Additionally, the lack of transparency among stakeholders contributes to issues with sharing information externally. Sharing information introduces risk, which can reduce a firm’s commitment to transparent communications across a project. Further, sharing model data is complicated by software license issues as well as concerns about model data and liability.
“As the industry moves into more user type licensing, assigned licensing, or cloud-based licensing, it becomes more problematic because companies are having to purchase licenses in order to collaborate with the system that we use,” said one participant in the report’s roundtable discussion with AEC thought leaders and decision-makers.
Even with the cloud, team members are still uploading and downloading information
Respondents are making technology investments in the cloud with the primary business goal of improving team collaboration. However, it appears that AEC professionals have multiple clouds that still require uploading and downloading information between clouds.
As cloud solutions and system integrations with open APIs increase, less manual effort to transfer information among platforms is required. But the industry is still challenged with each party needing a specific software solution that is not addressed by other platforms. More than one-third of respondents report difficulties with managing current versions of documents.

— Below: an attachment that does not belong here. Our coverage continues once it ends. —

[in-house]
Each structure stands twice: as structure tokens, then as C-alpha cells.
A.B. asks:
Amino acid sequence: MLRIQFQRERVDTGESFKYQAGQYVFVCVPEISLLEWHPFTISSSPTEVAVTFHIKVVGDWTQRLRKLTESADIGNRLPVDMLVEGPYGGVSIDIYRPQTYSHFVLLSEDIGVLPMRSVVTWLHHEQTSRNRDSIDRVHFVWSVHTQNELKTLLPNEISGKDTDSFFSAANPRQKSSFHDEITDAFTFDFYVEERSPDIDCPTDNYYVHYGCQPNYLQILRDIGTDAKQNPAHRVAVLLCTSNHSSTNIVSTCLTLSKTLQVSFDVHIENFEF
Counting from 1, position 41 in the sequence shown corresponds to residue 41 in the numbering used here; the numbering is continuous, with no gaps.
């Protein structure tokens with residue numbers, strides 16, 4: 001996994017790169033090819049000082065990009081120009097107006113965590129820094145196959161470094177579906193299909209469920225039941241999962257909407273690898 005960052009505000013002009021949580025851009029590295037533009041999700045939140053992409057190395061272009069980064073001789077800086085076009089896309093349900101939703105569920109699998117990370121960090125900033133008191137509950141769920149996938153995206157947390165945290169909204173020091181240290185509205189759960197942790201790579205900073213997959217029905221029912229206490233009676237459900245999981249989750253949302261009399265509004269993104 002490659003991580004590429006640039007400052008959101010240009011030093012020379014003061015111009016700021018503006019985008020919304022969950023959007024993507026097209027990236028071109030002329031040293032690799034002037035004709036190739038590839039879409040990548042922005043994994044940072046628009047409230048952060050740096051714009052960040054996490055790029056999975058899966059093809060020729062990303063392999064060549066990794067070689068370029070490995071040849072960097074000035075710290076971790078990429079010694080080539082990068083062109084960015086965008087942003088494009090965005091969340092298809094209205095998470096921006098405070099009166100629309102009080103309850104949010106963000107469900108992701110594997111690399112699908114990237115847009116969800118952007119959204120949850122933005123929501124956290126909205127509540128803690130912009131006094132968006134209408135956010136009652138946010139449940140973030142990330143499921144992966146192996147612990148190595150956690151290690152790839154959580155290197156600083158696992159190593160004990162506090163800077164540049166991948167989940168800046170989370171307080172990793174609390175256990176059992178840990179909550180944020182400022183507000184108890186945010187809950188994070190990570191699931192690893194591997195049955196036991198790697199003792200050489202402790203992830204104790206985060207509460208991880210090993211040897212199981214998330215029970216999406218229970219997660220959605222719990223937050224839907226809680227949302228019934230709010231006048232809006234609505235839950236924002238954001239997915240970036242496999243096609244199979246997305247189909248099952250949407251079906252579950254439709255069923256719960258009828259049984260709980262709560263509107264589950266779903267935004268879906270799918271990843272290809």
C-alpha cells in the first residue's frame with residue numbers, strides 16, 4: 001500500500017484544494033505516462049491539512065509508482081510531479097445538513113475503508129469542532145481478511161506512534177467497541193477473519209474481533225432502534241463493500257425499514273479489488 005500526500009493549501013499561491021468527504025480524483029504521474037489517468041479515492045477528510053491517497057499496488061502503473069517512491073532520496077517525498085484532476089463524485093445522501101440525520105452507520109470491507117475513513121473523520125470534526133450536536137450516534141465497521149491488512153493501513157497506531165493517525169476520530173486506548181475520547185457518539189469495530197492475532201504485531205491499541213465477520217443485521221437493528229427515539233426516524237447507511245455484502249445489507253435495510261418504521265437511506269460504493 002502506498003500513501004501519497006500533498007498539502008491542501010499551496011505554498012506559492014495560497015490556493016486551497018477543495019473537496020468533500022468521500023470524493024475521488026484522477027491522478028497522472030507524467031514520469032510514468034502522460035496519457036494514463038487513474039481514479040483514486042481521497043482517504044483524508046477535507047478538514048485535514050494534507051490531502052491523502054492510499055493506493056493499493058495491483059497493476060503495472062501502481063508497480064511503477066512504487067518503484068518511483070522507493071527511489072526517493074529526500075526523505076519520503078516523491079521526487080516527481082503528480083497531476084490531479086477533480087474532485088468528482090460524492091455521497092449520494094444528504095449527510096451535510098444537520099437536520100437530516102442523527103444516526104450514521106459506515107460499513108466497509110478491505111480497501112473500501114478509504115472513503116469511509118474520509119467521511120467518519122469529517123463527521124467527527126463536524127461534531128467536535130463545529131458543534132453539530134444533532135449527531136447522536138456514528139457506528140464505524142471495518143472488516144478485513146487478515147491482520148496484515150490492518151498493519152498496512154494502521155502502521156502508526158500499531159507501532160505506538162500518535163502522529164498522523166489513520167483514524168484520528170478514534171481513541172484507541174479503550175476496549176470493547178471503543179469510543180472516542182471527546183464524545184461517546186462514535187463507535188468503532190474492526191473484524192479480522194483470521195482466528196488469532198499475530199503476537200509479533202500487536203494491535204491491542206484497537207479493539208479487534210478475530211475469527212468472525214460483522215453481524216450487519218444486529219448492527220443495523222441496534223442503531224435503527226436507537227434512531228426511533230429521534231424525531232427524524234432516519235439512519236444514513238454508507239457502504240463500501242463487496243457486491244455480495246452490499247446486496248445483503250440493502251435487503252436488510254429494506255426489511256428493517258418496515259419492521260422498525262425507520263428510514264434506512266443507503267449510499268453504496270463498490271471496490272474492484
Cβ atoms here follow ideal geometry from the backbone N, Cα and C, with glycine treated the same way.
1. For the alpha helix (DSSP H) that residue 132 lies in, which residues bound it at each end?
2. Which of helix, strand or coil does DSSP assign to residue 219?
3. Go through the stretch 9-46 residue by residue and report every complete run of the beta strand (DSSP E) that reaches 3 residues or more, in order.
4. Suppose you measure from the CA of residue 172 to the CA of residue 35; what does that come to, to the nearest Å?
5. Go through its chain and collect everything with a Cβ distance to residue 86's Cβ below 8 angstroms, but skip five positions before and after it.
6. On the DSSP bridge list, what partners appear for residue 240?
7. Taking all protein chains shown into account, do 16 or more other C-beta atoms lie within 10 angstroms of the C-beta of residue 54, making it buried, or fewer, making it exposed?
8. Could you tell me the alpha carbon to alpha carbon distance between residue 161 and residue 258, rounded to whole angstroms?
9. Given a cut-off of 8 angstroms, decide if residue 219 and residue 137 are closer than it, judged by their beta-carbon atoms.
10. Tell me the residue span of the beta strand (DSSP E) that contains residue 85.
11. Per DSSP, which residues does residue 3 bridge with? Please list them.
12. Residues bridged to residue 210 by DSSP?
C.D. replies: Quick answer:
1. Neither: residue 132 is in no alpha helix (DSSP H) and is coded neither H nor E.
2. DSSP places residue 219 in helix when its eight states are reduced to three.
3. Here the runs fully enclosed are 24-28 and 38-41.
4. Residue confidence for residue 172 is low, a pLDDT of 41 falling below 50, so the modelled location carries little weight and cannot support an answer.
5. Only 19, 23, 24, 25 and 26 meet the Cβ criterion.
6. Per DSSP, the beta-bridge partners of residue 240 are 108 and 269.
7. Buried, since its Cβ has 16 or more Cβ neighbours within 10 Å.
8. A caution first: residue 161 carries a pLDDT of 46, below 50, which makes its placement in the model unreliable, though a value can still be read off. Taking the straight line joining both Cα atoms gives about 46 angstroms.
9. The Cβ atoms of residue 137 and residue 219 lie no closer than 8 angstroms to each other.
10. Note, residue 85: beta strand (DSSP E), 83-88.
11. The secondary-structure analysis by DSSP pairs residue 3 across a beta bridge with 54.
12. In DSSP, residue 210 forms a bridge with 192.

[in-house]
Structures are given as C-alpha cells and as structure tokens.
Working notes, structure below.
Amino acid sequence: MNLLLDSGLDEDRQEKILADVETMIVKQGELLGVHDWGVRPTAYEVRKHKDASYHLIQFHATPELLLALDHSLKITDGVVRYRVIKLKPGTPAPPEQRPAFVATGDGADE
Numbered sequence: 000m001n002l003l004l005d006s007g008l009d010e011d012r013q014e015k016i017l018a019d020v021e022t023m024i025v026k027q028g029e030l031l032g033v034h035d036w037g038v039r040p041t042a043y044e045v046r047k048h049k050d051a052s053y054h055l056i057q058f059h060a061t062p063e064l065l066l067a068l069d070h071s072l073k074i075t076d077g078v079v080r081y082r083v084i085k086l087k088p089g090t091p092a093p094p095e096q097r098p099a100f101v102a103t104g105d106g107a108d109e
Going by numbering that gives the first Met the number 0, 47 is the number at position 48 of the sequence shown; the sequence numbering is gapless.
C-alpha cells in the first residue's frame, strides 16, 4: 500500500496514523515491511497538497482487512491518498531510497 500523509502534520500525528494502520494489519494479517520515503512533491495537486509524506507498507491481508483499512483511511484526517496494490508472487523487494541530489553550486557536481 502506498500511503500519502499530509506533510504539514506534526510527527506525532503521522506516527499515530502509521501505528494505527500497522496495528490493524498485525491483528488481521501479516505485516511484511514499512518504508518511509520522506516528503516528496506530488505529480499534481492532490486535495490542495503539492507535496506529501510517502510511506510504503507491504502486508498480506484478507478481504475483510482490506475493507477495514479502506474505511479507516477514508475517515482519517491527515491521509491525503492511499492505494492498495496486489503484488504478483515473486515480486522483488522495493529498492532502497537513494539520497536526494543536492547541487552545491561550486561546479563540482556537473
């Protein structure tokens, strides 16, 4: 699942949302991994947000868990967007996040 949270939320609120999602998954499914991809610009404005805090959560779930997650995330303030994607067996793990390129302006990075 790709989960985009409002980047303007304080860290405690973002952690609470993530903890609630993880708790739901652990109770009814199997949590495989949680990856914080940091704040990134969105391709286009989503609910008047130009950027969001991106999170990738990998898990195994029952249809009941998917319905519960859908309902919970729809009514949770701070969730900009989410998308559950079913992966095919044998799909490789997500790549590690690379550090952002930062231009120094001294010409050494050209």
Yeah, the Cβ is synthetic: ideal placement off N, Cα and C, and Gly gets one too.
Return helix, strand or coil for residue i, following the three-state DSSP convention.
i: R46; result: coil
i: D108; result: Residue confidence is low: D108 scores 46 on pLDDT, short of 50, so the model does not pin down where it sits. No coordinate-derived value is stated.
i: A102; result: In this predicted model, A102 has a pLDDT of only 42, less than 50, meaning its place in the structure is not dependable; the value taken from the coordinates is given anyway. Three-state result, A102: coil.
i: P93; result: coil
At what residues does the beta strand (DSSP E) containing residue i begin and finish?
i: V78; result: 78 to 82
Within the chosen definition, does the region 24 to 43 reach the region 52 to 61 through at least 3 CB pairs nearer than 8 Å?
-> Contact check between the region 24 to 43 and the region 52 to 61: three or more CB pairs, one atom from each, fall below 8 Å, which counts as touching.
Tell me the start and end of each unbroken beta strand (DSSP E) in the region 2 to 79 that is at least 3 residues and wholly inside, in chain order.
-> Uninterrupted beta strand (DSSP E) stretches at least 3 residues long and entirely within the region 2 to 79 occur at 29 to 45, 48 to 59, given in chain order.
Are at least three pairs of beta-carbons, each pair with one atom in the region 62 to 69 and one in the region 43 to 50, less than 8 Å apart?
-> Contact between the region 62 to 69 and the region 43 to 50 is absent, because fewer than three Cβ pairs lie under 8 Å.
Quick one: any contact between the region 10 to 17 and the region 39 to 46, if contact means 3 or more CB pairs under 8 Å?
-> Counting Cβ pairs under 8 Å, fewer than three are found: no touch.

Finding where in the project life cycle issues related to sharing information are occurring can help teams pinpoint where to focus improvement efforts. When it comes to sharing information, roundtable participants named the handover from design to construction as the most challenging point in the project.
Although the construction phase ranked highest overall (42%), 45% of engineering respondents ranked the planning and design phase as the most difficult phase for sharing information. Given that engineering firms must coordinate with architectural firms for model development, this response is not unexpected.